“We’ve been through so much over the years, we’ve seen coup d’etats and actually, we have built some resilience,” Oosting said, adding that the pandemic, and the Ebola outbreaks that wracked the DRC were one of the brand’s toughest times. “What we are not doing is starting to discount because we have our product DNA that needs to be secured. Yes, the market is difficult but we want to keep our quality because we are not here for the next six months, we are here for the next decade, the next century.”
In those early days of the African wax print, entrepreneurial African women worked with European manufacturers like Vlisco to come up with beautiful new patterns that also carried meaning and that the women bought exclusive distribution rights to.
In Togo, where the market had moved to because of Kwame Nkrumah’s protectionist policies in Ghana, the “Nana Benzes” became particularly skilled at monopolising prints. The group of several women traders were crucial to the success of Vlisco.
“We got so much feedback from the market through them,” Oosting of Vlisco said. “They were not just business partners, they were partners.”
Nana Benzes went on to be so successful between the 1960s – 1980s that they became some of the first female millionaires in Togo, the only ones able to afford luxurious Mercedes Benz cars, thus earning them their nicknames.
Now though, the Nana Benzes have been forgotten as Ankara production has moved to China.
So, too, have the local wax print brands that crept up in the mid-20th century – Africa’s independence era – in an attempt to localise the production of Ankara, to claim it fully as African and break the domination of European printers like Vlisco which still produces in the Netherlands.
In 1966, Ghana launched the Ghana Textiles Printing Company (GTP), with the government having majority stake. Around the same time, Akosombo Textiles Limited (ATL), particularly popular for its Adinkra symbols borrowed from the Gyamans ethnic group, also came on the scene. In Nigeria, the United Nigerian Textile Mills (UNTL) partnered with the Cha Group in Hong Kong to open a mill in northern Kaduna state. In Ivory Coast, Uniwax was birthed – a partnership between the Ivorian government and Unilever, the British consumer goods manufacturer.
But a cocktail of issues including government policies, counterfeits, a lack of infrastructure and the unavailability of locally sourced cotton, forced many printers to shutter or sell out, costing hundreds of textile workers their jobs.
GTP and Uniwax are now subsidiaries of Vlisco. Oostings of Vlisco says although its subsidiaries produce locally, Vlisco itself has no immediate plans to move manufacturing from Helmond to the continent.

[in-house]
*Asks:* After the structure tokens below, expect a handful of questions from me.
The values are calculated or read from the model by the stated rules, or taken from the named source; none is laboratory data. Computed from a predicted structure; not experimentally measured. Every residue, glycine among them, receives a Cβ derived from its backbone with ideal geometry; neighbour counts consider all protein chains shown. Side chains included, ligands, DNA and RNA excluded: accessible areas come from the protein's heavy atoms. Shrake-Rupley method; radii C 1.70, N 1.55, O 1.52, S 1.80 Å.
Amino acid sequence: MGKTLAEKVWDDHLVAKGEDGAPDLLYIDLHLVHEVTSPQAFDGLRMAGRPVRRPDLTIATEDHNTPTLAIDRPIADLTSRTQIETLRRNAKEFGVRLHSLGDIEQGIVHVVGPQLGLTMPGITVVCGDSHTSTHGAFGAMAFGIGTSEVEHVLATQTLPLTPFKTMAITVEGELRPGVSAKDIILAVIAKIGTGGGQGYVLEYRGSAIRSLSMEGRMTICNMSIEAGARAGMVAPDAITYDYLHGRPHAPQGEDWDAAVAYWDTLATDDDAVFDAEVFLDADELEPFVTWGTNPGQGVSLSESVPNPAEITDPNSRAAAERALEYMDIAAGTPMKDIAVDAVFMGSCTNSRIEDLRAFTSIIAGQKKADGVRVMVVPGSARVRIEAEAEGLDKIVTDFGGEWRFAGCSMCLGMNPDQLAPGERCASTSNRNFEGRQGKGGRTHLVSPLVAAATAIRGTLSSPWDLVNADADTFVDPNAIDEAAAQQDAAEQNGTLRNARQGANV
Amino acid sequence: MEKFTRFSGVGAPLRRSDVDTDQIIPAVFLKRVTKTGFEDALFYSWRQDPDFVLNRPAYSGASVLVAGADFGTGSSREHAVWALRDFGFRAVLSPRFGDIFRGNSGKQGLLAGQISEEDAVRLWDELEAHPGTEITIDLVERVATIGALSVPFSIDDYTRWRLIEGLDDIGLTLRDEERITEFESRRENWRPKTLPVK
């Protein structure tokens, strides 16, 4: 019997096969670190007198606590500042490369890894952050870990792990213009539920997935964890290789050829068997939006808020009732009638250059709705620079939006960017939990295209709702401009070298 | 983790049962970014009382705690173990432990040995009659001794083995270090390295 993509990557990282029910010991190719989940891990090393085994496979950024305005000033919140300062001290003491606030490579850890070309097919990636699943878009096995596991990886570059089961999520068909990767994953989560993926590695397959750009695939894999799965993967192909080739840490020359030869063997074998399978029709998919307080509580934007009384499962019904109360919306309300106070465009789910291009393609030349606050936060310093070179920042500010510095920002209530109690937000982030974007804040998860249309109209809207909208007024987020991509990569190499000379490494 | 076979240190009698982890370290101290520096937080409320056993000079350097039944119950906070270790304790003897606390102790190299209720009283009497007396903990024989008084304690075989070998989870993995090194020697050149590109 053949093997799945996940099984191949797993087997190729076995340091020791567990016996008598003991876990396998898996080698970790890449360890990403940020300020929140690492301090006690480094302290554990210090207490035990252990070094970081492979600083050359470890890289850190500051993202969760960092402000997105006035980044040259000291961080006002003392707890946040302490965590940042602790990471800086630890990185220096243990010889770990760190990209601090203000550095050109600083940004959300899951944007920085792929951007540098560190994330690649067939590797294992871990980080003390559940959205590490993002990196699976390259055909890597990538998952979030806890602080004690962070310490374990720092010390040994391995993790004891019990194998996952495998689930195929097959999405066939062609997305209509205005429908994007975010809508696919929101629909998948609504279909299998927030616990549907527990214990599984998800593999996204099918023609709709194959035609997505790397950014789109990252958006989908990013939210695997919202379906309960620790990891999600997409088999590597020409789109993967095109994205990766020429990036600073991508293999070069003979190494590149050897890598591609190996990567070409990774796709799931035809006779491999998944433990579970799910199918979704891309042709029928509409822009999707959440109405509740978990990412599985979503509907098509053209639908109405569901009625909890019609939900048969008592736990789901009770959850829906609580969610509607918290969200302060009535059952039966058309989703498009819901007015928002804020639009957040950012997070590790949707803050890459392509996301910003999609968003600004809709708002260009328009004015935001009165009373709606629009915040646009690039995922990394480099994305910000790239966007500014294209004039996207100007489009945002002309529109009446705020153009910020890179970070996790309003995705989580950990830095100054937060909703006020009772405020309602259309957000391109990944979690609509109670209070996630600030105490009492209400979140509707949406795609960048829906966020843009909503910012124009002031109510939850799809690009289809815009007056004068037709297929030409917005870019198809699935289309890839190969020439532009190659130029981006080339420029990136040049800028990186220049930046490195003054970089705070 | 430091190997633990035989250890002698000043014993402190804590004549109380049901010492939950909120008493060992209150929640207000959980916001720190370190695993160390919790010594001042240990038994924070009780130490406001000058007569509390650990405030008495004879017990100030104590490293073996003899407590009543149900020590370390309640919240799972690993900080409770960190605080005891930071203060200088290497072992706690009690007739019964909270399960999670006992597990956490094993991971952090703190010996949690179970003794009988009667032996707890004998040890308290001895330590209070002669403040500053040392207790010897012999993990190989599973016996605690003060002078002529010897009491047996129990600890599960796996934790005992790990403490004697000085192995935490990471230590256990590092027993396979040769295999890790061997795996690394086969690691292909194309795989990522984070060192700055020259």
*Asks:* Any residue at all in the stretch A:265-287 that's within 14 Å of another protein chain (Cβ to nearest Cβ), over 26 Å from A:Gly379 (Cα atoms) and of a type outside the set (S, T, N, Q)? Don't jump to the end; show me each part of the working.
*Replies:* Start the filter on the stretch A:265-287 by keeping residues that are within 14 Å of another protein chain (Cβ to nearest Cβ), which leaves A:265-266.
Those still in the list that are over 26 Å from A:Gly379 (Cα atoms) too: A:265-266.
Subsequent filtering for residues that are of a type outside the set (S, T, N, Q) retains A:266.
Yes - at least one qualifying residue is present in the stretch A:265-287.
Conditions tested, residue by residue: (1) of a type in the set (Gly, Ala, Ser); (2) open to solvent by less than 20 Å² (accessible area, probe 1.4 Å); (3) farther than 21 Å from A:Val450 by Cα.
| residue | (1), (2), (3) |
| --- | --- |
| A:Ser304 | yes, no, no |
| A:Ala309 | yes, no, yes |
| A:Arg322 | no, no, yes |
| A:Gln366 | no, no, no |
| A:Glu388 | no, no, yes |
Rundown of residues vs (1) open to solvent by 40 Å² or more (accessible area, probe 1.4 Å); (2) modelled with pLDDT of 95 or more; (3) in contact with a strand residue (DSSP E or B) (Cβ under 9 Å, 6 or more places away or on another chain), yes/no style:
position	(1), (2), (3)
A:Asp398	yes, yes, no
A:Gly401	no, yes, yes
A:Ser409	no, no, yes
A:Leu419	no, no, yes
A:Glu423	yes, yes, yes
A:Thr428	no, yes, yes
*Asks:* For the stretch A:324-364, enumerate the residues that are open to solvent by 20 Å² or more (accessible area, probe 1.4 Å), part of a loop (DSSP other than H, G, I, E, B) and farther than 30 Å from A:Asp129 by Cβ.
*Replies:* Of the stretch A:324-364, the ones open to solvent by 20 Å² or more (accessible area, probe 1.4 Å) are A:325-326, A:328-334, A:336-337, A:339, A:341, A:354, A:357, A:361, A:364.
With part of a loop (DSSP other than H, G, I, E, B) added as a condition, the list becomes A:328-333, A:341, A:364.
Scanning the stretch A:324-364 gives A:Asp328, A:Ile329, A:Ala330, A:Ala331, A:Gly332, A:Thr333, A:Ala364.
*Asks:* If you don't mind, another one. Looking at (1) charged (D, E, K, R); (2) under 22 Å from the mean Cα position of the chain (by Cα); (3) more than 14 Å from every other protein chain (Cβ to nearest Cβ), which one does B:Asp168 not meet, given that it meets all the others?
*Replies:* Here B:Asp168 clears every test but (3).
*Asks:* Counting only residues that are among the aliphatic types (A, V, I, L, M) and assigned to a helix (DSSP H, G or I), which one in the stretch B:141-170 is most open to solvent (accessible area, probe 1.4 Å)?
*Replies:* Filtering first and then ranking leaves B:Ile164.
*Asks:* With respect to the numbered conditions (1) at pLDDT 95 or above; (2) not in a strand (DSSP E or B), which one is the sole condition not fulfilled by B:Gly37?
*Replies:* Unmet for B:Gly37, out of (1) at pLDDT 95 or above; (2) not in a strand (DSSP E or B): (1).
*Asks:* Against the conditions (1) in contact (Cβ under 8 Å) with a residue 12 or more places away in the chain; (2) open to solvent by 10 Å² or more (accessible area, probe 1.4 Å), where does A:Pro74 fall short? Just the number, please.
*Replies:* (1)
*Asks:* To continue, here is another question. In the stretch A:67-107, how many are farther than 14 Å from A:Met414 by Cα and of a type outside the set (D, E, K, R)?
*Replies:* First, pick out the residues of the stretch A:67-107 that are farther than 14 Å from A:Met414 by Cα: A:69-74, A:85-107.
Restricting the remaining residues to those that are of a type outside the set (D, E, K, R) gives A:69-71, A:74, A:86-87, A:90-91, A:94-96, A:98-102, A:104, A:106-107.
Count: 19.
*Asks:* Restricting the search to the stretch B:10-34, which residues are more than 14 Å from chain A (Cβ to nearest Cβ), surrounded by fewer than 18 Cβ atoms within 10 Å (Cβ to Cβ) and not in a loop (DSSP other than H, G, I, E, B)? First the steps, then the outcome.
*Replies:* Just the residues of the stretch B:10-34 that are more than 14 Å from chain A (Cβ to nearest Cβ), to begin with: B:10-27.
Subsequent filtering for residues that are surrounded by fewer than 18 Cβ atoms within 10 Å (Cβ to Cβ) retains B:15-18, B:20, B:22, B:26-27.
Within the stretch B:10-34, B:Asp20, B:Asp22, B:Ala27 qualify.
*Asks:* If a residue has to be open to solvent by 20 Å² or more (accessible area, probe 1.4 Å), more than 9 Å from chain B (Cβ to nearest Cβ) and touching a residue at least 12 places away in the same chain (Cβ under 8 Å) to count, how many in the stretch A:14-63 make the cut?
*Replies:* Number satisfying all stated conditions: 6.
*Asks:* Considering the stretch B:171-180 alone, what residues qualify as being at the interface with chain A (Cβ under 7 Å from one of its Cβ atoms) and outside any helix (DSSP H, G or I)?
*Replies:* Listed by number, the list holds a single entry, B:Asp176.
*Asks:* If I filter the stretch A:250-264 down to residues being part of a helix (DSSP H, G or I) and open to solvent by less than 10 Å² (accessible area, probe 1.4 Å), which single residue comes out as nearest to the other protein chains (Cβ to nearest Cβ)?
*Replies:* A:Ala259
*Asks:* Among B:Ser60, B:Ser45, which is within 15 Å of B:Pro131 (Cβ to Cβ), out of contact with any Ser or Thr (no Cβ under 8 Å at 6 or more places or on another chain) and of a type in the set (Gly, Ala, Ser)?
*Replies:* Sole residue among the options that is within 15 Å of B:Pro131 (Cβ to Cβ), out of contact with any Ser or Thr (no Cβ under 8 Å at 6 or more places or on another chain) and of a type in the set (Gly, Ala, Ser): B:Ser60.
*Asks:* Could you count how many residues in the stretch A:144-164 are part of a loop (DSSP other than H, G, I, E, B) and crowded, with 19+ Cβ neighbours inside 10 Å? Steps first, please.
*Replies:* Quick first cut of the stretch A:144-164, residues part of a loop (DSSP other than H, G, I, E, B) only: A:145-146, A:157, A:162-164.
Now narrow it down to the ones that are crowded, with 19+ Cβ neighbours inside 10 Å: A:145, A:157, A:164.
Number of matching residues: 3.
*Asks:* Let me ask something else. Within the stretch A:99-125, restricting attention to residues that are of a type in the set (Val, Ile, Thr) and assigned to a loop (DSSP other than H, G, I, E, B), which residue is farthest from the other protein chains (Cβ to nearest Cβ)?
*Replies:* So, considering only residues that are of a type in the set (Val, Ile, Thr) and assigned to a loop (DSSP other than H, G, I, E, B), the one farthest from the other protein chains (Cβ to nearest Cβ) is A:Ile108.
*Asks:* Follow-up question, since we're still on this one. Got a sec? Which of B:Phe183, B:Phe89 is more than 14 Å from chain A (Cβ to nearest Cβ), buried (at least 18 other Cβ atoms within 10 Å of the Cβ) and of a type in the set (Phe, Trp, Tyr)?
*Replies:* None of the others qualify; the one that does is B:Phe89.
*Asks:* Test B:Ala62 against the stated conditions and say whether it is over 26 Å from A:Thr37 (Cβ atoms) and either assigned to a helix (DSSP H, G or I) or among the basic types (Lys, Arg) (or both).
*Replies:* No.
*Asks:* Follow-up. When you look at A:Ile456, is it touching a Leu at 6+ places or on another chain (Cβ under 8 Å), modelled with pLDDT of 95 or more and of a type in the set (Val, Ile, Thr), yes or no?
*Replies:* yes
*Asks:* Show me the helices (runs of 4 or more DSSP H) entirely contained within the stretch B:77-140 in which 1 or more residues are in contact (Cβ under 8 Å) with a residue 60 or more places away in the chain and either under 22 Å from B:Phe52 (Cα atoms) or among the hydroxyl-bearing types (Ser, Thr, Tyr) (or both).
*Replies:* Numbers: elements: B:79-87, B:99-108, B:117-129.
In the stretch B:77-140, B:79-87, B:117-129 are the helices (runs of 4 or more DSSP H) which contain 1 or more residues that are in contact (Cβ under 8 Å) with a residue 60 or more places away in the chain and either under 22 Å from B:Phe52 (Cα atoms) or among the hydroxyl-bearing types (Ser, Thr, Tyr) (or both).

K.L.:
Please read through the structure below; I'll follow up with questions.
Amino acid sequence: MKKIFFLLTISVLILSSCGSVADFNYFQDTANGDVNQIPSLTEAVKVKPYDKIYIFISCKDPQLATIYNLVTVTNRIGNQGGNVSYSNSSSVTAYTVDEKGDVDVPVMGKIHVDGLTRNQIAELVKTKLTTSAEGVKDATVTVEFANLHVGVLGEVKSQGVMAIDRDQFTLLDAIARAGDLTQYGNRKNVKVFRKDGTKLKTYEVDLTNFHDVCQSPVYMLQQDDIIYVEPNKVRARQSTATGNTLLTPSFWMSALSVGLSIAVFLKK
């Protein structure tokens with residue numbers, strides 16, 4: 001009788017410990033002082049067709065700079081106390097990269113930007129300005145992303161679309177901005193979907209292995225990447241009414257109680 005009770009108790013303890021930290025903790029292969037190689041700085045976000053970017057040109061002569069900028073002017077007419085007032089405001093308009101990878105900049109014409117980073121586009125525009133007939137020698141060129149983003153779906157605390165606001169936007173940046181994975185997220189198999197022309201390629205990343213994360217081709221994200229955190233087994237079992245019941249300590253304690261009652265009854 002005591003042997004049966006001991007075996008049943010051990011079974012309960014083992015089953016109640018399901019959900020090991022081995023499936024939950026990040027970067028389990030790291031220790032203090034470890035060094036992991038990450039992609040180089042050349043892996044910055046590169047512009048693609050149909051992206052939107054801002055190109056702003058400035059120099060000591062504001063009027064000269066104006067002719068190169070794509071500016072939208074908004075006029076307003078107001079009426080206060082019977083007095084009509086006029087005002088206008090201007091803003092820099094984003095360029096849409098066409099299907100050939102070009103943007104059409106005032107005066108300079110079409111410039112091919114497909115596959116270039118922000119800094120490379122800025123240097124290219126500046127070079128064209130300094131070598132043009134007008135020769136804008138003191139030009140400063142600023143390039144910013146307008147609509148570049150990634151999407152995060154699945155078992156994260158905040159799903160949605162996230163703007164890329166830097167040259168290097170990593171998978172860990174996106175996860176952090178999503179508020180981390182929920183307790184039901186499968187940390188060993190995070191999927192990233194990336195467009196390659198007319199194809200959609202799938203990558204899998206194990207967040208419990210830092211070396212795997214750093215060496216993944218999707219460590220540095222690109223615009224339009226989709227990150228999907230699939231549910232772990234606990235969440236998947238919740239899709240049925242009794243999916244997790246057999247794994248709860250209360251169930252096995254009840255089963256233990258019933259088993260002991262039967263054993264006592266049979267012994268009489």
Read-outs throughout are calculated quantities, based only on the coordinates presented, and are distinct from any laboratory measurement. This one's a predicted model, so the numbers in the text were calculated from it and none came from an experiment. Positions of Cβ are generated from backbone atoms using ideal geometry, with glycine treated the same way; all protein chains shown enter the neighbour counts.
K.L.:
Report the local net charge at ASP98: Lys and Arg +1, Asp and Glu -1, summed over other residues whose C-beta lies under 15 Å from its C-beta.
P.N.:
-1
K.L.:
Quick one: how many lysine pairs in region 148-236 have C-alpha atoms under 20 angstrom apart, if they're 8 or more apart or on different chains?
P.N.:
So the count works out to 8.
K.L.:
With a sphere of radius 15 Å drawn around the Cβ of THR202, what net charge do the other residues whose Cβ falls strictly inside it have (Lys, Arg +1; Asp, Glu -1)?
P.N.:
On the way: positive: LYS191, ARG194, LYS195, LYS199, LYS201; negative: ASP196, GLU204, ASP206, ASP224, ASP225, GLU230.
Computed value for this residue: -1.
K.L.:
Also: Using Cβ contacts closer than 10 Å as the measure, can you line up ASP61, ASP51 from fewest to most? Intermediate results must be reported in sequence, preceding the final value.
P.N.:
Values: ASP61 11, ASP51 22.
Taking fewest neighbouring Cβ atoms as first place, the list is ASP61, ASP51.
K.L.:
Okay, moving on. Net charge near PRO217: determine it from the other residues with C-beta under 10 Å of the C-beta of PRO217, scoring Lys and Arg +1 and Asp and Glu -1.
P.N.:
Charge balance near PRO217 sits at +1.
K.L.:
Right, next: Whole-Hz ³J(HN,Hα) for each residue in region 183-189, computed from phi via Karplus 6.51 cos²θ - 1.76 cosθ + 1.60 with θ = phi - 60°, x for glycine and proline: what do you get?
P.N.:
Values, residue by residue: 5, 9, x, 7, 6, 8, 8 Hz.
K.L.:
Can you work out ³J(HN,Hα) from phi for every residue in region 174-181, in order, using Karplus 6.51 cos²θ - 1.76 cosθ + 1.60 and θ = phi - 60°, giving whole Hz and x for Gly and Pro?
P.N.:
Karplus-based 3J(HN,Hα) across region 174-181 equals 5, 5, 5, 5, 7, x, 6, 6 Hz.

Some brands are aiming to once again localise production but face similar issues.
Lome’s Wina Wax is designed locally but manufactured in China because of a lack of electricity, Marlene Adanlete-Djondo, the founder and a Nana Benz descendant, told Jeune Afrique. Producing in China is an attempt to adapt at all costs, while offering reasonable prices.
“Uniwax in Côte d’Ivoire and GTP in Ghana were bought by Vlisco certainly due to a lack of financial contributions,” Adanlete-Djondo said. “We do not want such a future for Wina Wax.”
As all sorts of smalls flood the market, it’s harder to distinguish between which is a good small or which is a bad small.
In Makola, young women arrange rolled-up “Smalls” on flat trays balanced on their heads and hawk them around. All the brands carry words like “Guaranteed” or “Real wax” on their edges.
But Augustina Otoo, a fashion designer in Accra said it’s the feel of the Ankara fabric, the flexibility of it, that often tells which ones are high quality and which ones are substandard, regardless of the name, brand or words printed on the cloth.
Most cheap imports use cheaper grades of cotton for production, and even mix the cotton with fabrics like polyester, whereas, authentic loinclothes are wholly cotton, Otoo, 26, added. Where quality Ankara fabric is soft to touch and yields under the heat of an iron, some smalls lack such mouldability, making them a pain to sew into the elaborate styles customers demand.
“Some of them are just like rubber, some of them even feel like paper,” Otoo said, laughing at her own analogy. “I’ve sewn a lot of them. When you’re ironing, it’s so stiff, it crumples. And when you want to straighten it, it just remains stiff. They put some shiny stuff on it that fades when you wash it. It doesn’t even last up to three months.”
But that hasn’t stopped her customers from buying them.
“This season especially, we’ve seen a lot of new designs in the small ones,” Otoo said. There’s little she can do to convince her customers to buy more authentic brands, she added. “Me, I just provide the service and collect my money.”